About Me

Tuesday, April 7, 2009

Don't take this the wrong way but..

See this post.

This guy owns a comic, book, games, d and d, part time card store. I have enjoyed reading his blog after one of my readers turned me on to it. I can't remember which one, but I appreciate it because I find most of Duncan's posts to be insightful and/or funny. He missed the boat on this one.

Note the following:

He could only come up with two in Portland.

So that kind of confirmed what I've been feeling: cards in Oregon are all but dead.

So....like I always thought would happen, I was there at the beginning; when you could only find a few dusty packs at Safeway; and I'm here at the end, when you can only find a bunch of regurgitated, recycled crap at Shopko.

I stuck with cards out of sheer cussedness, because I wanted to see this day.

So I could, in fact, say "I told you so."

As you can see from the comments, I was able to name 5 without even searching on the internet. How can a guy loosely in the business that operates in a state the size Oregon have no idea how many competitors he has? Then he declares cards dead?

Duncan has been in business an awful long time, but I think his views are a bit off because he is a book guy. In other words, he doesn't know jack about cards. In fact he was unaware that Donruss was bought by Panini. Really? He claims to speak authoritatively about cards?

It seems from reading his posts that cards were a side product for him. When you couldn't help but make money in cards 85-98, he did. When it came time for the shop owners to have some knowledge about cards to make money, his business faultered. After doing the projections for my shop, and reviewing my ordering options, it became apparent to me that anyone that orders from places like "The Magazine Exchange" is giving away cash.

Blowout, DA, Atlanta, Big T and PGH have much better prices than the traditional shop suppliers. I could be wrong, but I have seen some price lists that still show 2008 Masterpieces Baseball at $55 a box, when you can get them for $40 a box at Big T or Blowout and less by the case. Thus any shop that buys their stock from anywhere but the internet sellers has no idea what they are doing and knows nothing of the industry. Something tells me these are the guys that love Beckett and list their cards on Ebay as 1/1's with a BIN of $100 because the card is 13/1000 and that's the player's jersey number.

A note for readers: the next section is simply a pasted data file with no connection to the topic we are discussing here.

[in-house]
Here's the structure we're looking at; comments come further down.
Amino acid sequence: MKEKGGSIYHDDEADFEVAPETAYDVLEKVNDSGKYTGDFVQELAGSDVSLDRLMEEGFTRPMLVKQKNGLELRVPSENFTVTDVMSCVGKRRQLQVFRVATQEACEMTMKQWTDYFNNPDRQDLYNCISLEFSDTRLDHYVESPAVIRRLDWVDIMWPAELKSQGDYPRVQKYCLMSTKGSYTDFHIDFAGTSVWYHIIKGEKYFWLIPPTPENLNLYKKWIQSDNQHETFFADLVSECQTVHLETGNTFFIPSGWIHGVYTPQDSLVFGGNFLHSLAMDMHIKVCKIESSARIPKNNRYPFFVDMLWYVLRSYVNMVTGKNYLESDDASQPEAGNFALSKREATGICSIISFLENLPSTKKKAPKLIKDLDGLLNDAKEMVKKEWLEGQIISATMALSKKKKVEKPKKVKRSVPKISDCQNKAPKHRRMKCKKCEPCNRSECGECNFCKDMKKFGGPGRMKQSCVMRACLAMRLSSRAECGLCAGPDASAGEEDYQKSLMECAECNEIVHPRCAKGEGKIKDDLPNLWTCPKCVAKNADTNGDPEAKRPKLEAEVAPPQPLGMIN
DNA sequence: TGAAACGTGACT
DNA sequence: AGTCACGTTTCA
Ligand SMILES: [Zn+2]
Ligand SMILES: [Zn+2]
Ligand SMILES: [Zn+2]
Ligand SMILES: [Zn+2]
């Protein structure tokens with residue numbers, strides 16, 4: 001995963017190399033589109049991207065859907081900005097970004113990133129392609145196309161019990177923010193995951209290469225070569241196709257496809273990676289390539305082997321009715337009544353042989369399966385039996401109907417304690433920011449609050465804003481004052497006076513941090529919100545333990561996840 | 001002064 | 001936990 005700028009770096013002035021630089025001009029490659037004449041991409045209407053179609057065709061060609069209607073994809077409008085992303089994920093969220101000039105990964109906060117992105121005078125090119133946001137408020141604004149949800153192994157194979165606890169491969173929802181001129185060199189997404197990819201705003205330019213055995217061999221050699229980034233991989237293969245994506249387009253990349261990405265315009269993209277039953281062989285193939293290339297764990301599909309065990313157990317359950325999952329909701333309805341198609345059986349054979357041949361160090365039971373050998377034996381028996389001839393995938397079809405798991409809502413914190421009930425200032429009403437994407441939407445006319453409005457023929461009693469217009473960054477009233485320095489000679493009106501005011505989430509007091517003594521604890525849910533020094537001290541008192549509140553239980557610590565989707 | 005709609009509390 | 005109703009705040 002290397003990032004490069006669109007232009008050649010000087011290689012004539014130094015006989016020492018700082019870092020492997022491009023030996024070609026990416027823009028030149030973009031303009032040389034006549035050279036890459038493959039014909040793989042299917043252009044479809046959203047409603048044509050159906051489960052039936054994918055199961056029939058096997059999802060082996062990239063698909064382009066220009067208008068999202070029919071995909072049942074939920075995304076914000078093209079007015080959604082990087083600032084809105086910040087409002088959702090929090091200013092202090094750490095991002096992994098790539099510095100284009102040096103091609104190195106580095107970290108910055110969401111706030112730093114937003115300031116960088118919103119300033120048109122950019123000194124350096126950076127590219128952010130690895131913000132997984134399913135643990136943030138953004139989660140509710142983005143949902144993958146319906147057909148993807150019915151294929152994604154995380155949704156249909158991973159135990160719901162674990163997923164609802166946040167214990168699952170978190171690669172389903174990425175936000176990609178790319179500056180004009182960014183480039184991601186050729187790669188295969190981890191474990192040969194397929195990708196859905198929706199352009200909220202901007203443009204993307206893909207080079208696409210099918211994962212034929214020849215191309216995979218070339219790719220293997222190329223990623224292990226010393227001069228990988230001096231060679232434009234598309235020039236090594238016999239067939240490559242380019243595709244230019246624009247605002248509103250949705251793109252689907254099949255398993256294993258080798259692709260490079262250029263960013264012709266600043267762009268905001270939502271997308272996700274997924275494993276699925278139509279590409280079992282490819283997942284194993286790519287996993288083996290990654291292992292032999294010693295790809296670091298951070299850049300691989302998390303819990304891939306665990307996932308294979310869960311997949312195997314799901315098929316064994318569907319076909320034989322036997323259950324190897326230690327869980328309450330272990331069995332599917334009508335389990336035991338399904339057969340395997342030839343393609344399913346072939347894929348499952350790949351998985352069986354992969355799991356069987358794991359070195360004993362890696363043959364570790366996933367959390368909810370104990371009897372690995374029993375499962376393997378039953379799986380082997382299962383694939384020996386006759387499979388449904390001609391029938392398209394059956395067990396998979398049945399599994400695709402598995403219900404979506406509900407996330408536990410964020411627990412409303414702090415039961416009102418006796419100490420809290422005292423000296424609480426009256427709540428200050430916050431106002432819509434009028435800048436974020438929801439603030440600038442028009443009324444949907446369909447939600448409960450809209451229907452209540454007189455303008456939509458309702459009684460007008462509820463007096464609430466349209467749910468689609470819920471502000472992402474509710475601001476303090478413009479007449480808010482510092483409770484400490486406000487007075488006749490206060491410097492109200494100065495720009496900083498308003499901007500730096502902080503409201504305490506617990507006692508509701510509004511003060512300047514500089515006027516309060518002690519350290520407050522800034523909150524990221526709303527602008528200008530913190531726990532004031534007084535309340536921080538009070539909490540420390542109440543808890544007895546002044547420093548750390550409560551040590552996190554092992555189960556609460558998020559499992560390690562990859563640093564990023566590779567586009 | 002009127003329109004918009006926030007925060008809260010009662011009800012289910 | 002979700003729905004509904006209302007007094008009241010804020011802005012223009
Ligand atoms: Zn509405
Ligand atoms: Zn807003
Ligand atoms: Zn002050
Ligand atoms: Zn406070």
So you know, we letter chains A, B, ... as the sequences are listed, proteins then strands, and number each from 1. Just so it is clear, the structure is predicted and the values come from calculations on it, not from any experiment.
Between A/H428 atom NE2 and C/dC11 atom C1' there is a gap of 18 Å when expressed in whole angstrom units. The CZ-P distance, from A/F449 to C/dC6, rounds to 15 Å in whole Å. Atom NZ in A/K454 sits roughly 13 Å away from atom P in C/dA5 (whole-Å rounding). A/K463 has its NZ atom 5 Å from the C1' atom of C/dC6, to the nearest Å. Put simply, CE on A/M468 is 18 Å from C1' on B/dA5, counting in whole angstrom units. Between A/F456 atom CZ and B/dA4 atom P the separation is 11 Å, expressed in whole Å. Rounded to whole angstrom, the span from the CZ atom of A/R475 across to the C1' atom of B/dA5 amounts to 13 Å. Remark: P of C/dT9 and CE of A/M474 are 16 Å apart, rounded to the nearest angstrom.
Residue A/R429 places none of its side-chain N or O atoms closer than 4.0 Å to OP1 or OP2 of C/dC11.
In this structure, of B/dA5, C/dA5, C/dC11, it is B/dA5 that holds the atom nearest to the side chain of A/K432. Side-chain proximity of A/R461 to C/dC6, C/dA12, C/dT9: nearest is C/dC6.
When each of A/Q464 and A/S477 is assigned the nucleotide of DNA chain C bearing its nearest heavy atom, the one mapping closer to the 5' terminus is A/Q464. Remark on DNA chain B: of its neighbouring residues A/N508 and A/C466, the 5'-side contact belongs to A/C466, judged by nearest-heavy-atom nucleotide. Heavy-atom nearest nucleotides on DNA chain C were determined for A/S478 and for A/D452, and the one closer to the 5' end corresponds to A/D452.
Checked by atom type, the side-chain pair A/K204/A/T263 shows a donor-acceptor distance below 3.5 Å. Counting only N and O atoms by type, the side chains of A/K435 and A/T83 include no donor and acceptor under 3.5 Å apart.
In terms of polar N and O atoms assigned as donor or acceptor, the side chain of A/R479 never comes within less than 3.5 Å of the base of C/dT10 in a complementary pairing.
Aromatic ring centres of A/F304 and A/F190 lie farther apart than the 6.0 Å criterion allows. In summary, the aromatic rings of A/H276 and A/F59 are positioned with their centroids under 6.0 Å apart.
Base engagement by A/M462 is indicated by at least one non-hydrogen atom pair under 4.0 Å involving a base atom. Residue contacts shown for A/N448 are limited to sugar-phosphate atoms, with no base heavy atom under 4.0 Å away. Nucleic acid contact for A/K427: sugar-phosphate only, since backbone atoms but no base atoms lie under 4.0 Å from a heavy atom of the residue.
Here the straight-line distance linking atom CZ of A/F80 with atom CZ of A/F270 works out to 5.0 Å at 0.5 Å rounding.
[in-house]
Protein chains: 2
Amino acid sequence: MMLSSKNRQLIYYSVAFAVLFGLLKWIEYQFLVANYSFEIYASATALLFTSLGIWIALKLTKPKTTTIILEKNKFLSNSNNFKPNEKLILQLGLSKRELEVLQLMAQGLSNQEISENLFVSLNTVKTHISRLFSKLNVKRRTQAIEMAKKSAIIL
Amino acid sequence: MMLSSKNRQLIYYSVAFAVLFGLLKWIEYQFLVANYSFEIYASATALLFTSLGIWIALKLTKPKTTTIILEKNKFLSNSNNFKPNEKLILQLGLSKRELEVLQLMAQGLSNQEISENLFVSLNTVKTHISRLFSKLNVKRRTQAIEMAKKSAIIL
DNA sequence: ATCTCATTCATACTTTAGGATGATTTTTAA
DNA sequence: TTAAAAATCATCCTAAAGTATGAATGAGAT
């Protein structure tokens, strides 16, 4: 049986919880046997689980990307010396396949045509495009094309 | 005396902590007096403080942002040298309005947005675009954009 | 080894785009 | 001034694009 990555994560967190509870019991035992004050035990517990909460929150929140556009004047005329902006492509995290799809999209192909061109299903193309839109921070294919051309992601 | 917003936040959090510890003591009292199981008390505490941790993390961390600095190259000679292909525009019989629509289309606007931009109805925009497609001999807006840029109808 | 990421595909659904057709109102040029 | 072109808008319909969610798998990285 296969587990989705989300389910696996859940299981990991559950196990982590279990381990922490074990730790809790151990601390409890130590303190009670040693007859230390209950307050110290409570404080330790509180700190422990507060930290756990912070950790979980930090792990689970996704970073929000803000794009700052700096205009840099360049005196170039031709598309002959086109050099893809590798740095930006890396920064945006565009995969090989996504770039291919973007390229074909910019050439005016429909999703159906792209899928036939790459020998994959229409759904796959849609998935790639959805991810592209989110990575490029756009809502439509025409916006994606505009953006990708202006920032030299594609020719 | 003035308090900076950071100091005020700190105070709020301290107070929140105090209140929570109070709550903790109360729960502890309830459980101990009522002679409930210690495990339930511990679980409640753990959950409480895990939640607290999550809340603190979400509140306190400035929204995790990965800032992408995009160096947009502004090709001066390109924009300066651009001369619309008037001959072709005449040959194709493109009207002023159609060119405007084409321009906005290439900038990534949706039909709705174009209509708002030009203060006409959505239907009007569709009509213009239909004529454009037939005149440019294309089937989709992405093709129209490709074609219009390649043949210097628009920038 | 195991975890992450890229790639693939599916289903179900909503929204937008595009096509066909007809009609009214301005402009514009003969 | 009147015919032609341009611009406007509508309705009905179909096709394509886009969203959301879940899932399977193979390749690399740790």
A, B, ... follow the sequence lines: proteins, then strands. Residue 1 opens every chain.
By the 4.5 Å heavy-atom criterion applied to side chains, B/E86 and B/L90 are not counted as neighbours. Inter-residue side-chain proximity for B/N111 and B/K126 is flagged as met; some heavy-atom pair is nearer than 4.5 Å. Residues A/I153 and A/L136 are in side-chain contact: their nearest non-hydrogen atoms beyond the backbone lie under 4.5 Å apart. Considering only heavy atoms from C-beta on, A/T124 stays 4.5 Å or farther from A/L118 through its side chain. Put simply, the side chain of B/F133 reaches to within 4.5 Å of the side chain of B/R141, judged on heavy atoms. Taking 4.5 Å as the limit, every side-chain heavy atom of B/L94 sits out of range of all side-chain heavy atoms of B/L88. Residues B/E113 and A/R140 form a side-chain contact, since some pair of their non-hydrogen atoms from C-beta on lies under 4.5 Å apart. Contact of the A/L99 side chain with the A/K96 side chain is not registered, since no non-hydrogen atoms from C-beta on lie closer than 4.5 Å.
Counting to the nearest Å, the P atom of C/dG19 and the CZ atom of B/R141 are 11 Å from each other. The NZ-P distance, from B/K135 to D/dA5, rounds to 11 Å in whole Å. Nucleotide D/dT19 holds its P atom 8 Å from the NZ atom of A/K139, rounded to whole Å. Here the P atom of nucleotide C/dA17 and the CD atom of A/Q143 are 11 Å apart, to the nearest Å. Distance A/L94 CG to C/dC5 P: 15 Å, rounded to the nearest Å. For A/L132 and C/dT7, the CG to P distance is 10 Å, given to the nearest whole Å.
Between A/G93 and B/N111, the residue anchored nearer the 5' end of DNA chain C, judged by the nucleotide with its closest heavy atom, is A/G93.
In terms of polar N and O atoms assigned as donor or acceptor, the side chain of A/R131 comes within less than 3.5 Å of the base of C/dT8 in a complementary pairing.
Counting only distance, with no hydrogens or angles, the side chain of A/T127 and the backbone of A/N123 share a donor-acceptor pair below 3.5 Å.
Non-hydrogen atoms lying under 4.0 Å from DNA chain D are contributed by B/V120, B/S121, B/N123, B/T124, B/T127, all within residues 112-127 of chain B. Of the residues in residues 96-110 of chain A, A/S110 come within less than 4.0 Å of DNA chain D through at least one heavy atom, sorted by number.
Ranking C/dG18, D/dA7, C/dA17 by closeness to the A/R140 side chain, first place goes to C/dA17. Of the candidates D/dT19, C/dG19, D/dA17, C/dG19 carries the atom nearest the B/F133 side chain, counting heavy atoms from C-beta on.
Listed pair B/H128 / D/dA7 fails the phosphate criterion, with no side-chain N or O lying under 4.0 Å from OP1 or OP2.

I have been in stores with owners like him before. Any question that requires more than cursory knowledge of cards is a lost cause. Talking shop is a waste. Rarely do I see card guys that try their hand at comics because it is damn near impossible to be successful at. Yet Comic guys do cards all the time.

I was a big comic collector for a few years and the grading is so different. Well Duh right. No. I bought my dad a couple Beatles comics that I had graded by CGC. Before I sent them off I tried my hand using the Overstreet grading guide and came up with a 6.5 on one. It came back as a 4.5. This was after I had been collecting for 8 years. I don't have cards graded but I do have quite a few that are. To test myself, I was within a half a grade on almost every one. Sometimes over sometime under. I would never venture to have a comic shop. My knowledge of pre 80 comics is almost zilch.

When you consider all of the publishers, variants, cross overs, reboots, titles and so forth, it takes a while to get up to speed. Just reading a price guide or two doesn't cover it.

My point is, Duncan, a book, games, comics guy that has no real knowledge of cards declared cards in Oregon dead. Based upon my observations, Cards in Oregon are not dead even if the shops and their business is. Maybe the wrong people are running the shops?


Captain Canuck said...

give 'em hell Jeff, show 'em how it's done!

(just remember your free shipping specials to Canada)

grant said...

Well I'm still around and what exactly did he mean by cards are dead in Oregon VS. any other state. I watched a shop here in Vancouver close simply becuase it was an old school shop that did'nt use toays information to get the correct inventory at the right prices. I also can go over to a shop in portland and spend on average anywhere from $30-60 more per box thten at blow out cards! insane right. All I see are costomers rigning in thier 80's cards to sell? I don't think cards are dead in Oregon and I think the trend of shops is a nation wide thing. If a shop s charging up to 50% above what you can get a box of 07/8 draft picks basketball I'm not going to demand that product and he's going to have a bunch of stale boxes unlesss a clue less customer comes in and gets robbed. Cards will never be dead dealers without common sense or knowledge of a business will be( financially wise). Grant

grant said...

on the flip side if you cabn get a hobby box and come close to a internet site when you factor in the shipping wait time ETC.. having them in your hand! then I'll be mre then happy to support my local shops but for me driving to Beaverton to get a hobby box just isn't worth finding out that I'm getting over charged most of the time on a lot of the products. Grant

Bay Rat North West said...

This post is so true. I tried a new shop I found about 20 miles from my place. Huge board game, comics, d and d type place. With cards in the back. I asked to see his team binders. He hands me 6 binders. Leaves all the others on the shelf. Walks off. I ask to see the others. He tells me they are empty when you can see they are not. I hand him a stack of about 100 commons I picked out. "These are all GREAT cards. I can let you have them for 60¢ each." I asked him how a 2003 Topps card of Sean Casey was worth that. "It's a great card! Mint! Sharp corners!"
I left the stack in his hands and walked out. Either he had no clue about what he had or did not care. Either way I will not be going back.